Wilson Tactical Cop Tool

With this issue of POLICE Magazine, we are inaugurating a new concept for reviews of law enforcement products. In the past, our product reviews have focused on one item per review. The problem with this approach is that so much stuff is being released now for the police market that we are barely scratching the surface.

Scott Smith Bio Headshot

When I showed the Cop Tool to my friend Joe—who happens to be his department’s firearms training officer—he responded with one sentence: “I’ve got to have one.”

Designed for use as a seat belt cutter, knife, and a scraper, the Wilson Tactical Cop Tool is an innovative approach to the concept of the duty knife. Unlike the blades on most true fixed or folding blade knives, the blade of the Cop Tool is meant for cutting clothing, banding, and hacking away at things that snare you or an accident victim, not slicing a piece of cheese.

Of course, the Cop Tool is not the first police knife designed specifically as a rescue tool. But it is a good one. What’s most surprising about the Cop Tool is its compact size. And considering all the gear you now carry on your duty belt, compact is a good thing. The size also reduces the chances of breaking the tool when it is used as a pry bar; yes, this knife is designed to be used as a pry bar.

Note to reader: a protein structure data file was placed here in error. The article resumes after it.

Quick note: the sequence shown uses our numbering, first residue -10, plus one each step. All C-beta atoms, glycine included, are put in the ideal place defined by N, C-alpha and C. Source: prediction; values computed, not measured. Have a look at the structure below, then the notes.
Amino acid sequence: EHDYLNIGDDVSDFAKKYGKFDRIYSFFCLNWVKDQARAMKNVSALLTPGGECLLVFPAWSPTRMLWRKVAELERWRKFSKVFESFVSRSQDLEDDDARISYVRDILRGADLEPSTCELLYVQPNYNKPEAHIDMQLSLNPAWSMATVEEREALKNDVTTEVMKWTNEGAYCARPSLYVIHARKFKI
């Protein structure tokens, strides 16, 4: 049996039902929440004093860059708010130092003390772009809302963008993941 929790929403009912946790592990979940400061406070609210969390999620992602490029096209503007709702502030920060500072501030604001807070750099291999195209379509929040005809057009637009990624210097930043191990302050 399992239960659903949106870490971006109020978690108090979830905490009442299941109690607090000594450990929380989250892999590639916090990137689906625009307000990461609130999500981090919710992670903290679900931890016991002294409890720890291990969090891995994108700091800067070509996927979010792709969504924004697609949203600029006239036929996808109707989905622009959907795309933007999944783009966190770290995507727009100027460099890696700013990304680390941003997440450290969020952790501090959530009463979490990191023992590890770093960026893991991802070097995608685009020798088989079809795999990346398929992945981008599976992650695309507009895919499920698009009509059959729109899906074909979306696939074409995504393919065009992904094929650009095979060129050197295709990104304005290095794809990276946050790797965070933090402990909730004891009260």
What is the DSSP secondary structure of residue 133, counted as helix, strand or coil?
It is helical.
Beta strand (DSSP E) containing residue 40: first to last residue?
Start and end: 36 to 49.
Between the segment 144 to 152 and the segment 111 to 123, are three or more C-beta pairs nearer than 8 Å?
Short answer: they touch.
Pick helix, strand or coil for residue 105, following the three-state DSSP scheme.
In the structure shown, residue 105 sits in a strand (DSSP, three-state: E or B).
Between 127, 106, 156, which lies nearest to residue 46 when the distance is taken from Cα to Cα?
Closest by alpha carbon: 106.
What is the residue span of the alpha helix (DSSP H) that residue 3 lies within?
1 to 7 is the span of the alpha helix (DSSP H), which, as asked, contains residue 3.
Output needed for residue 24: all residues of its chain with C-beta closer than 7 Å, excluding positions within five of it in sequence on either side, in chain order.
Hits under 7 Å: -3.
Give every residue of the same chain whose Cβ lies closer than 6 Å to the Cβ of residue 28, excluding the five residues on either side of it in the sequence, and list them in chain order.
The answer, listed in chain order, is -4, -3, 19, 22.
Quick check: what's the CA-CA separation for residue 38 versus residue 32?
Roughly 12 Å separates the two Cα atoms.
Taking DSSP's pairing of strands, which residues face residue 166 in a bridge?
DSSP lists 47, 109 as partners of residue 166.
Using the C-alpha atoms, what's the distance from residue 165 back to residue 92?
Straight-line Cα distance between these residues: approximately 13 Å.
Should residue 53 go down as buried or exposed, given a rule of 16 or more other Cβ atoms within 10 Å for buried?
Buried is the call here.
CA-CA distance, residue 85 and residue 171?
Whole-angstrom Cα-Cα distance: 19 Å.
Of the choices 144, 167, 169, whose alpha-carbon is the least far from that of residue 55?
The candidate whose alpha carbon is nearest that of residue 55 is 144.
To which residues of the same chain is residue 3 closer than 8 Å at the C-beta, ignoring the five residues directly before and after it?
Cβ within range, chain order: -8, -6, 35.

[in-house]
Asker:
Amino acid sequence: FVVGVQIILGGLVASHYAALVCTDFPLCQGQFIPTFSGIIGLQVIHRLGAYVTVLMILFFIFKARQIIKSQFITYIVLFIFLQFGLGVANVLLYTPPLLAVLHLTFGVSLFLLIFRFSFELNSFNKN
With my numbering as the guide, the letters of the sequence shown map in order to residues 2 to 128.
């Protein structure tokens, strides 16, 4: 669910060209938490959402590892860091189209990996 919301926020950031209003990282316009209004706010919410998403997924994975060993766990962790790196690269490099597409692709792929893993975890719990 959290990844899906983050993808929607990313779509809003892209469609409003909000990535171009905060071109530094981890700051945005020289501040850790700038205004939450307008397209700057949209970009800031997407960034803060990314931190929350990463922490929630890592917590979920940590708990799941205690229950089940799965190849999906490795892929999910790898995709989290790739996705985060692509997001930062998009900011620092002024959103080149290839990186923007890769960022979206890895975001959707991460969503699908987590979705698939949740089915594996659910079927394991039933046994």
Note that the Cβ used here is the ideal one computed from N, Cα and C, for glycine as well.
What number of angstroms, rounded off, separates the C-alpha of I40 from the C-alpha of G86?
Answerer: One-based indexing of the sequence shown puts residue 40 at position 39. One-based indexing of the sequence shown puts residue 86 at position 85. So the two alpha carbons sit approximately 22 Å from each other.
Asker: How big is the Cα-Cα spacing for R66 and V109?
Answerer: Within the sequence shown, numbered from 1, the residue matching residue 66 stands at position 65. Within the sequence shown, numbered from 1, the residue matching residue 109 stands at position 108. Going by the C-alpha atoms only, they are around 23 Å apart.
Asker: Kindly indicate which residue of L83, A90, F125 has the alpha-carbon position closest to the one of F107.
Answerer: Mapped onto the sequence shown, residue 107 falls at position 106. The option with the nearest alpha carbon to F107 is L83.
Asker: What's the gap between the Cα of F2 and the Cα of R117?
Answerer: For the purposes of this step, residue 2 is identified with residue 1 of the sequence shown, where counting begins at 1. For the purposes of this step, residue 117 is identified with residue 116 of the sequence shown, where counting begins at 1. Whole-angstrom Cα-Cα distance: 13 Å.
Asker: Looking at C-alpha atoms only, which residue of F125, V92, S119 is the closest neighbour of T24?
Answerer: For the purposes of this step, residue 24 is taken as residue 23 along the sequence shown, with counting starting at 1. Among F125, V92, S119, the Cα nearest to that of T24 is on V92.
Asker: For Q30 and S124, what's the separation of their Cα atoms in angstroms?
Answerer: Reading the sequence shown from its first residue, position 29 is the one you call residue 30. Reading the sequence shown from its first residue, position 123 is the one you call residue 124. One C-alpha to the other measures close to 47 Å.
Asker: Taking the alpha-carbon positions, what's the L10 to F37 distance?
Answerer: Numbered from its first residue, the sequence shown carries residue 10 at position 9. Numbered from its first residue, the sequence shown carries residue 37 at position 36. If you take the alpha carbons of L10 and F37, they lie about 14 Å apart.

The Cop Tool is a solid piece of steel wrapped with para-cord to give the user a solid grip in all conditions. Just forward of the wrapping are indents for your thumb or finger to give you a leverage point to prevent you from engaging the blade with your thumb or finger.

The Wilson Tactical Cop Tool has received two thumbs up from all of the cops I gave it to for evaluation. They were even happy with its pricing. It retails for less than $100. Check out Wilson Tactical’s Cop Tool; I think you’ll like it.